Wim J.C. Weren, «The Use of Isaiah 5,1-7 in the Parable of the Tenants (Mark 12,1-12; Matthew 21,33-46)», Vol. 79 (1998) 1-26
This article attempts to prove the following theses. The parable of the tenants in Mark 12,1-12 has been constructed on the basis of the vineyard song in Isa 5,1-7. There are connections with the Hebrew text as well as with the LXX version. The later exegesis of Isa 5,1-7 as it is found in the Targum and in 4Q500 has also left traces in the parable. The connections with Isaiah were already present in the original form and they are enlarged in the subsequent phases of the tradition. Matthew has taken almost all references from Mark but he additionaly made links to Isa 5,1-7 which he did not derive from Mark.
The second stanza is characterized by the frequent occurrence of verbs in the first person singular and by the use of the first person suffix. Here the owner is speaking. He addresses his audience directly. This is clear from the double vocative used in v. 3 ("inhabitants of Jerusalem and people of Judah"), from the use of the imperative in v. 3 ()n-w+p#$) and from the second person plural in v. 5 (Mkt)). These data confirm that verses 3-6 should be seen as a unit 8. In this second stanza, the owner acts as the accuser and he invites his addressees to assume the role of the judge. He asks them two questions; the first one is about his own activities, the second one is about the produce of the vineyard 9. In the second question, the contrast from the end of v. 2 is repeated almost literally. There is only one possible answer to this question: the owner of the vineyard is not in the least at fault; the vineyard must be blamed entirely. The expectation that this answer would be given by the audience, which after all must act as the judge, is not fulfilled. It does not get the opportunity to fulfil the role of the judge. In verses 5-6, the owner himself assumes that role. He announces what he is going to do in the future. This is elaborated in verses 5b-6, where destructive activities are enumerated which contrast sharply with the constructive activities in v. 2.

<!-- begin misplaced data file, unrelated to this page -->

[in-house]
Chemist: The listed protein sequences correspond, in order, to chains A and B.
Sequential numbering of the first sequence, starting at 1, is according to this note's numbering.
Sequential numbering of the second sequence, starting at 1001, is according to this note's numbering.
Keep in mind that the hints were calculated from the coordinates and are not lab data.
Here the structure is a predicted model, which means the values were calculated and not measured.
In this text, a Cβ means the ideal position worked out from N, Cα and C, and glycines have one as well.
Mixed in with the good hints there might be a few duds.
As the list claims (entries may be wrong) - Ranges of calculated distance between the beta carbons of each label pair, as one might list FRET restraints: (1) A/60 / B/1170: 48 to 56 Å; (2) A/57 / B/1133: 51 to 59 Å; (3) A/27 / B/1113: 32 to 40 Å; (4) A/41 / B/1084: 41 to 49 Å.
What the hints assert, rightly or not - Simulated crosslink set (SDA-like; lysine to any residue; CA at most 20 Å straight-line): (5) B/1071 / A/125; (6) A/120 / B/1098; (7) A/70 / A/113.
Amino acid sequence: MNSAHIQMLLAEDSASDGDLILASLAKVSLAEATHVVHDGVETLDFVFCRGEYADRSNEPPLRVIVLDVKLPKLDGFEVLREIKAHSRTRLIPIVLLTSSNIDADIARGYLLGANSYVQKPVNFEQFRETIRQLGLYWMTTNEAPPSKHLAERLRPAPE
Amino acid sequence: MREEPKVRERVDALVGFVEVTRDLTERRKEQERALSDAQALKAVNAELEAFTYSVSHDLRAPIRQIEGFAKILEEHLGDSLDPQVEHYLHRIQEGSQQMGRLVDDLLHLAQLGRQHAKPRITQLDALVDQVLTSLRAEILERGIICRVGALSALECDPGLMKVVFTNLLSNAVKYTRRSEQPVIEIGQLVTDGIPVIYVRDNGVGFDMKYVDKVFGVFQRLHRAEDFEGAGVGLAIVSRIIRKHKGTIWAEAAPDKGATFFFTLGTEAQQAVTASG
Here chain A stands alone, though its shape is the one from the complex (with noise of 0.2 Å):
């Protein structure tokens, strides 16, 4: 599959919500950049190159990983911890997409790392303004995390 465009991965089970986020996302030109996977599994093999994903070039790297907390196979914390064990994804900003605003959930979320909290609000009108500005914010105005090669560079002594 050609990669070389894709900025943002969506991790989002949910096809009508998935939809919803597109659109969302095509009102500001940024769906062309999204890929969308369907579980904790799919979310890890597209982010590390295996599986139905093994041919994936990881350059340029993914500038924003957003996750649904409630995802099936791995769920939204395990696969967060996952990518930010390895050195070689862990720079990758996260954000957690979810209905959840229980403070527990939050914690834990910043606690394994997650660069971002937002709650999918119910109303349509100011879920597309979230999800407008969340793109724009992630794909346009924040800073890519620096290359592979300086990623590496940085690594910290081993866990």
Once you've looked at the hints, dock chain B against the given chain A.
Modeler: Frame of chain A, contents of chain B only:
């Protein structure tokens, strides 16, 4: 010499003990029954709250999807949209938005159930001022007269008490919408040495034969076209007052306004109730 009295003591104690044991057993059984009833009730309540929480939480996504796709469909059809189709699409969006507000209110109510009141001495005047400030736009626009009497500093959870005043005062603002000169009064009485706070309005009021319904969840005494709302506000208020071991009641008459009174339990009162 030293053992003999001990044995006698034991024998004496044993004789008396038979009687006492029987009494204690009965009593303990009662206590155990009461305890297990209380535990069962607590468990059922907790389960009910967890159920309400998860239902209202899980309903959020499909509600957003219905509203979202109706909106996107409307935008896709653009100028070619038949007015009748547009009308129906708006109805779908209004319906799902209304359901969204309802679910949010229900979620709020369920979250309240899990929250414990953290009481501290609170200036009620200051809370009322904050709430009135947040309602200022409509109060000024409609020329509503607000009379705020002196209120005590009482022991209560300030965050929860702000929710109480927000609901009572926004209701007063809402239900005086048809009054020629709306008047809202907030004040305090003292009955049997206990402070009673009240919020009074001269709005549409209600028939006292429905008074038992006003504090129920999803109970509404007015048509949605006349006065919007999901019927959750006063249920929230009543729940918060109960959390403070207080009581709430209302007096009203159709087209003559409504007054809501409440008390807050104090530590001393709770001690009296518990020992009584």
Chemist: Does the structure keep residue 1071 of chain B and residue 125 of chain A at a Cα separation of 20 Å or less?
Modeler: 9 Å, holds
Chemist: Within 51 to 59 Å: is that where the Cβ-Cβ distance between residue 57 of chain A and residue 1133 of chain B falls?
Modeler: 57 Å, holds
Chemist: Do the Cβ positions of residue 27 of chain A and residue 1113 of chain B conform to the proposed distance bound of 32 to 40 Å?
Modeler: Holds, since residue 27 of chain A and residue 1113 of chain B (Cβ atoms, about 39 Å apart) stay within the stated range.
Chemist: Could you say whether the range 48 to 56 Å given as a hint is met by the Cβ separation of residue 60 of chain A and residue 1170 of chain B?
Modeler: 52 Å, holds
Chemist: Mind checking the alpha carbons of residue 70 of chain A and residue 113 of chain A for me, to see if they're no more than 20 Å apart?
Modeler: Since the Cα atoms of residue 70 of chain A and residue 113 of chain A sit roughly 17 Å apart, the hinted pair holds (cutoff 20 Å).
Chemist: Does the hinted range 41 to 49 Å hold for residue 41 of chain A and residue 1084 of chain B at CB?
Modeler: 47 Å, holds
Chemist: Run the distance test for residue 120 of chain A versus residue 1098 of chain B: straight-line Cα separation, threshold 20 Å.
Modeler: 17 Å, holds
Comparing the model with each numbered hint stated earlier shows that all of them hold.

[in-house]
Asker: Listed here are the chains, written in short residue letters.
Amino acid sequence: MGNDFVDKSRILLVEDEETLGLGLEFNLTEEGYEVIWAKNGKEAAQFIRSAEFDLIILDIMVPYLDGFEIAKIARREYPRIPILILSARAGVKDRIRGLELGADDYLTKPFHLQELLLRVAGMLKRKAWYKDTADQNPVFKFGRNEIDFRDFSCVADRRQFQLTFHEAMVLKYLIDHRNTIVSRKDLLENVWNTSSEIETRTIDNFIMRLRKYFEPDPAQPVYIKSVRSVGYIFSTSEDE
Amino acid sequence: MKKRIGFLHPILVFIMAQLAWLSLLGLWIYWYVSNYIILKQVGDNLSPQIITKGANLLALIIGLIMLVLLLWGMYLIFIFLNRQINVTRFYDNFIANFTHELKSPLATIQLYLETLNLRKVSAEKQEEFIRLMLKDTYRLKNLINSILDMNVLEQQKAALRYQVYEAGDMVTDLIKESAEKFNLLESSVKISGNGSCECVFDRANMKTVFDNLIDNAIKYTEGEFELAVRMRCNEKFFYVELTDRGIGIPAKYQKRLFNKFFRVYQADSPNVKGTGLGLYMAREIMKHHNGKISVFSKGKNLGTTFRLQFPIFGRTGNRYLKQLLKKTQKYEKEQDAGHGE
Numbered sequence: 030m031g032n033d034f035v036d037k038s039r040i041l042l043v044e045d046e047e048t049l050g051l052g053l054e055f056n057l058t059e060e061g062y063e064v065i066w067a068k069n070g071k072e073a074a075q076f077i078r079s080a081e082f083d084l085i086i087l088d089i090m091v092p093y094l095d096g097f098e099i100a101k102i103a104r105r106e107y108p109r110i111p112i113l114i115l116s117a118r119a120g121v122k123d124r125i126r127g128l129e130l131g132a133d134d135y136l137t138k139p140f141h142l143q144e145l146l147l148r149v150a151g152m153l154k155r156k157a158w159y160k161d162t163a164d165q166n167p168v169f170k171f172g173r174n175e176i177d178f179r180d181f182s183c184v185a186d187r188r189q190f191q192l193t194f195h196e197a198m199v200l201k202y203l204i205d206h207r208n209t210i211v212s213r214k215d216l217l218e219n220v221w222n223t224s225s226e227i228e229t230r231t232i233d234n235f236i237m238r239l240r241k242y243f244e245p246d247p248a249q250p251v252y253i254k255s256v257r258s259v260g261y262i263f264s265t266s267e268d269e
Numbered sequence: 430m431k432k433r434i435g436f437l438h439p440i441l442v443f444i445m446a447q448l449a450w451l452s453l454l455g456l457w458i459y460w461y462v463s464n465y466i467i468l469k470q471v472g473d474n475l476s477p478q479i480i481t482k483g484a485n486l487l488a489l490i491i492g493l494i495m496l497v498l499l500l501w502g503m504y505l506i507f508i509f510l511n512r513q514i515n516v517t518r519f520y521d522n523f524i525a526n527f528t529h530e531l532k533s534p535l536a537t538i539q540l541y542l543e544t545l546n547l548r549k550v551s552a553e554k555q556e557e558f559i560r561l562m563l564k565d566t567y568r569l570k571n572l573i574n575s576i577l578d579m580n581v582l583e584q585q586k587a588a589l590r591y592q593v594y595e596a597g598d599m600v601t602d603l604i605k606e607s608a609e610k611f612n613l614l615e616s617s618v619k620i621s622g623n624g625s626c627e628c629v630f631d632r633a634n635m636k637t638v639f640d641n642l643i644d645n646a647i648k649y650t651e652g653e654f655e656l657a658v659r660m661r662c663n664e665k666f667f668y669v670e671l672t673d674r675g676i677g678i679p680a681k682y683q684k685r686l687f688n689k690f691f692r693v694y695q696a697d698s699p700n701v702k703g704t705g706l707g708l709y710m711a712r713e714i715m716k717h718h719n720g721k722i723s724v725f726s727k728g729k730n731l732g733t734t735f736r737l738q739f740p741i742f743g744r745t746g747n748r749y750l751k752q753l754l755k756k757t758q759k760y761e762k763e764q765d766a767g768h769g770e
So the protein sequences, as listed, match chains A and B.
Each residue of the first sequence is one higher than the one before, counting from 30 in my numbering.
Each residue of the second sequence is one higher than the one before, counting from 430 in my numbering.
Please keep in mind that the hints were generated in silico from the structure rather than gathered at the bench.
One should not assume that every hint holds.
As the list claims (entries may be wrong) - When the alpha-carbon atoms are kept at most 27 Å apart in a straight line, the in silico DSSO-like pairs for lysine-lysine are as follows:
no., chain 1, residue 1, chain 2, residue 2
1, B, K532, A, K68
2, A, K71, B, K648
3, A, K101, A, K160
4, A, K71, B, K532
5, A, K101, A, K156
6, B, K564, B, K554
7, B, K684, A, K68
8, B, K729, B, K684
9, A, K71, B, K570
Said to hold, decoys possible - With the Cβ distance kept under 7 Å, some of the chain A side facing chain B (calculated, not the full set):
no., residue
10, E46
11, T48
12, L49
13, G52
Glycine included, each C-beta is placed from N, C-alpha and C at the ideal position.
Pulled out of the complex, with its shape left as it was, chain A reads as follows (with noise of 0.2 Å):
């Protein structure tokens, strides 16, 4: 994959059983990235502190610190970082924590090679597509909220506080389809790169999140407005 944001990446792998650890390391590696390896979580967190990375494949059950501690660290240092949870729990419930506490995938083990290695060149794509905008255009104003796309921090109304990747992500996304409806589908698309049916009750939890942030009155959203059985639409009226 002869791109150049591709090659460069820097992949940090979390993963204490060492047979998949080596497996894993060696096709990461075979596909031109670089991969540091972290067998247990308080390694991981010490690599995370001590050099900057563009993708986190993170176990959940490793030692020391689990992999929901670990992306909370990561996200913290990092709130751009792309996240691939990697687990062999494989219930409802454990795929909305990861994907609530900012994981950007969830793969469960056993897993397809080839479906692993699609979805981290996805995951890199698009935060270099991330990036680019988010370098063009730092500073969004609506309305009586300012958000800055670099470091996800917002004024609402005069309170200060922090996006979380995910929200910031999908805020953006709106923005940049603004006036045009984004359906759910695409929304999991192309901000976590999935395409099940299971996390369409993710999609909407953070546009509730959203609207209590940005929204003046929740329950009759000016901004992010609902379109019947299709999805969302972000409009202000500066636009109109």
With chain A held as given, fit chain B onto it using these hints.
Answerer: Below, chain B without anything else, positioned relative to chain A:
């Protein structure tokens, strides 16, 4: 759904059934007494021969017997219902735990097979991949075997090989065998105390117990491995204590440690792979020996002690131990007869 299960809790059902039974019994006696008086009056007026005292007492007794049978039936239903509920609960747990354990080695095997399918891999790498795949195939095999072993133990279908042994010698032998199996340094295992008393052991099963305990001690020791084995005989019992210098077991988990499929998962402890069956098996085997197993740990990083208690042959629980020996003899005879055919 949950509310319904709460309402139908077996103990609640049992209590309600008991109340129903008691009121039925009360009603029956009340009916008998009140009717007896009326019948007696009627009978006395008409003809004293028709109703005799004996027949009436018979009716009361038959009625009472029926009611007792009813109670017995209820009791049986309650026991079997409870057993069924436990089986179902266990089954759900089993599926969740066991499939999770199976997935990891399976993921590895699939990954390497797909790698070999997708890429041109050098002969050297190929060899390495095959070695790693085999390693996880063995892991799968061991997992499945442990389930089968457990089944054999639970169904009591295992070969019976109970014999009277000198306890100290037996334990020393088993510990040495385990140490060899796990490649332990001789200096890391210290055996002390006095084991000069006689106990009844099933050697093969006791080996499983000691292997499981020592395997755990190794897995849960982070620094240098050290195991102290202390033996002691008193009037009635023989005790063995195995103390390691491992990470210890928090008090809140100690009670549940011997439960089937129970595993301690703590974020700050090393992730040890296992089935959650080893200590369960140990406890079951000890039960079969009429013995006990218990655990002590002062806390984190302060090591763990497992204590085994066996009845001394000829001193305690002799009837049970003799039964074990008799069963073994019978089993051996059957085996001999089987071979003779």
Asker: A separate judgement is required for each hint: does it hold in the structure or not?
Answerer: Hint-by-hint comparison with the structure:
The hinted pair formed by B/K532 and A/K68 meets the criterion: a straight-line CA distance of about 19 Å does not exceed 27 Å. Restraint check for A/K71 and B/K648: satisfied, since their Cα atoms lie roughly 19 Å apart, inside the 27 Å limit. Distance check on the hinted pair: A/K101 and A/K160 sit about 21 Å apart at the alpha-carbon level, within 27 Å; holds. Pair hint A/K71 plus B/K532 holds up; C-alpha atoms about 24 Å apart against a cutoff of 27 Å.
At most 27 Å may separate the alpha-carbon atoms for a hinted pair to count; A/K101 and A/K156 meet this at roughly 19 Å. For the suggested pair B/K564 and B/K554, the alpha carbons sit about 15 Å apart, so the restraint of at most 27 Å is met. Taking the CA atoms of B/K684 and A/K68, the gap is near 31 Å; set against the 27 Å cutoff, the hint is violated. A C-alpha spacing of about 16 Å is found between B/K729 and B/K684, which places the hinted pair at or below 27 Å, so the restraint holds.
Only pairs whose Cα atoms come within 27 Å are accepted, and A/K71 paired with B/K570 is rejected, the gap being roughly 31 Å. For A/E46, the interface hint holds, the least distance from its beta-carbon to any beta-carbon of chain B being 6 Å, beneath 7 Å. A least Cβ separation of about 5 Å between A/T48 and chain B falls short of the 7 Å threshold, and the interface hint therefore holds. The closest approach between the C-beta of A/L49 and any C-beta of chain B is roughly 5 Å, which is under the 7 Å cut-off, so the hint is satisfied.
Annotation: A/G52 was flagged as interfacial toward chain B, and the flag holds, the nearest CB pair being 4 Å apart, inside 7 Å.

In the third stanza, verses 7a and 7b are closely related. These verse parts show a chiastic structure and, unlike v. 7c, contain nominal clauses. In this last stanza, the prophet cuts across the double pseudonymity that characterized the preceding verses. He identifies his friend, the owner of the vineyard, with God 10, and the vineyard with the audience mentioned in v. 3. The people addressed here, which first played the part of the judge, have now become the accused; the judgment from the previous stanza refers to them. The climax of the passage is reached in v. 7c, where the